One of the most common types of debt that applicants have is student loan debt, which has been on the rise year after year.
Fortunately, there are student car loans for people that have debt built up from attending a university or college. College student auto loans typically aren’t enough to purchase very expensive cars, but lenders do tend to view recent college graduates as upcoming young professionals who will earn higher income for the rest of their lives thanks to their degrees.
The cost of a car loan namely comes down to its interest rate. Interest rates are calculated based on a variety of factors, which include:
- A borrower’s credit score
- A borrower’s debt-to-income ratio
- The amount of the money that a borrower’s desired vehicle costs
Applicants with excellent credit scores are in prime position to receive the lowest interest rates. However, the opposite is true for someone with poor credit or no credit.
People with high debt-to-income ratios will find it difficult to get approved for car loans. This means that they have a high level of debt compared to how much money they earn each year. Lenders won’t be willing to give money to someone who is already struggling to pay off other types of loans.
Prospective borrowers who need a large amount of money for an expensive car or vehicle will have a harder time getting lender approval. This is because there is greater risk in investing into one expensive car purchase rather than a car purchase that cost less money. Also, an expensive car requires more of a lender’s budget to cover the cost of the high priced auto loan.
By using free calculators online, prospective borrowers can determine the affordability of a car loan and see how much they would be paying over time at different interest rates. Prospective borrowers can also apply for car loans through multiple lenders in order to compare rates before choosing an offer.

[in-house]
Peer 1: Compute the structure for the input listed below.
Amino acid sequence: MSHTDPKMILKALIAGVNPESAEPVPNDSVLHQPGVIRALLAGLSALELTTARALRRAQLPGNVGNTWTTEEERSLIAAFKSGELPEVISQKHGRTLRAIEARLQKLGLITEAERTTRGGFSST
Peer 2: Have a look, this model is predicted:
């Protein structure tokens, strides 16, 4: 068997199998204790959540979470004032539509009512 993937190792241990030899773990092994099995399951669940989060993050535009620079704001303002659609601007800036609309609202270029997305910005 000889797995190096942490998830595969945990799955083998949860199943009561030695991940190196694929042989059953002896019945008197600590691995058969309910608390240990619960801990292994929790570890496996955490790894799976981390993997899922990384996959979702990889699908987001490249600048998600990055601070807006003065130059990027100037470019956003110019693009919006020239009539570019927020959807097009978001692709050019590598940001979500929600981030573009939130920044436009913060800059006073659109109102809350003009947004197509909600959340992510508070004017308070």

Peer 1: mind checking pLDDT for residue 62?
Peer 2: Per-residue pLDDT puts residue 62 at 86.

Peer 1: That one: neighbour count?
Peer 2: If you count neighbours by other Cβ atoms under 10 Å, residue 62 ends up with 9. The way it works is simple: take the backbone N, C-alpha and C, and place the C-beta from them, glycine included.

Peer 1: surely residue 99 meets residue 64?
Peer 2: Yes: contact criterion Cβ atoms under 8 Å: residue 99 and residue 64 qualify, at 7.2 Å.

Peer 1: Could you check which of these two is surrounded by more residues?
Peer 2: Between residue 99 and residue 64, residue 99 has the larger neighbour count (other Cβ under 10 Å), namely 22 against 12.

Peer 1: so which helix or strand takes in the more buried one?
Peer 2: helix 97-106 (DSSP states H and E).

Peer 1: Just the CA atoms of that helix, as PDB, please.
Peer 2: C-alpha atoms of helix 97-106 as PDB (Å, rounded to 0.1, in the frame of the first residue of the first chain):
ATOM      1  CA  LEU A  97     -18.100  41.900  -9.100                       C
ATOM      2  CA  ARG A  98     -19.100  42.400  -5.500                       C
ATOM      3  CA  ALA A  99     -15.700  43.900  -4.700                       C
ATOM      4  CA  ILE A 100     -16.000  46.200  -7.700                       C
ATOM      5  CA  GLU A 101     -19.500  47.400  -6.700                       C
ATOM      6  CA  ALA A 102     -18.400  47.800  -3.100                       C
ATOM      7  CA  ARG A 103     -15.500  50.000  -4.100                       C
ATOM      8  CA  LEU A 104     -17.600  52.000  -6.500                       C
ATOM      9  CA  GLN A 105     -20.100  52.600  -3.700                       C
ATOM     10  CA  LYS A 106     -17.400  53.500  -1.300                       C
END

Average interest rates for car finance loans tend to change each month, but for individual borrowers, their interest rate will be determined by their personal financial history and the term’s length.
Below are the most common car loan term lengths. In effect, prospective borrowers should look at them as the number of payments they will need to make before the cars they purchase are paid off.
- 24 month
- 36 month
- 48 month
- 60 month
Usually, the longer the terms on a car finance loan contract, the more money a borrower will pay in interest. However, longer terms also lead to lower monthly payments.
Many people get a car finance loan right after they finish picking the car they want to own. However, through pre-qualification, borrowers can get financing for a vehicle before even setting foot on a dealership.
In order to get pre-qualified for a car loan, borrowers should first gather up their personal financial information and then meet with a lender. In discussions with a lender, borrowers should explain how much they want to borrow and be prepared to negotiate. If borrowers reach an agreement, they can then go car shopping and completely bypass the need for the dealership’s financing department.
Getting pre-approval for a car finance loan is, in essence, getting a guaranteed car loan. This way, consumers can avoid the often high-pressure sales tactics of finance departments.
Deciding where to get pre-qualified has just as many options as deciding where to get a vehicle loan in general. The three main options are dealerships, banks and credit unions, and online brokers, each of which has its own costs and benefits like all lenders for car loans.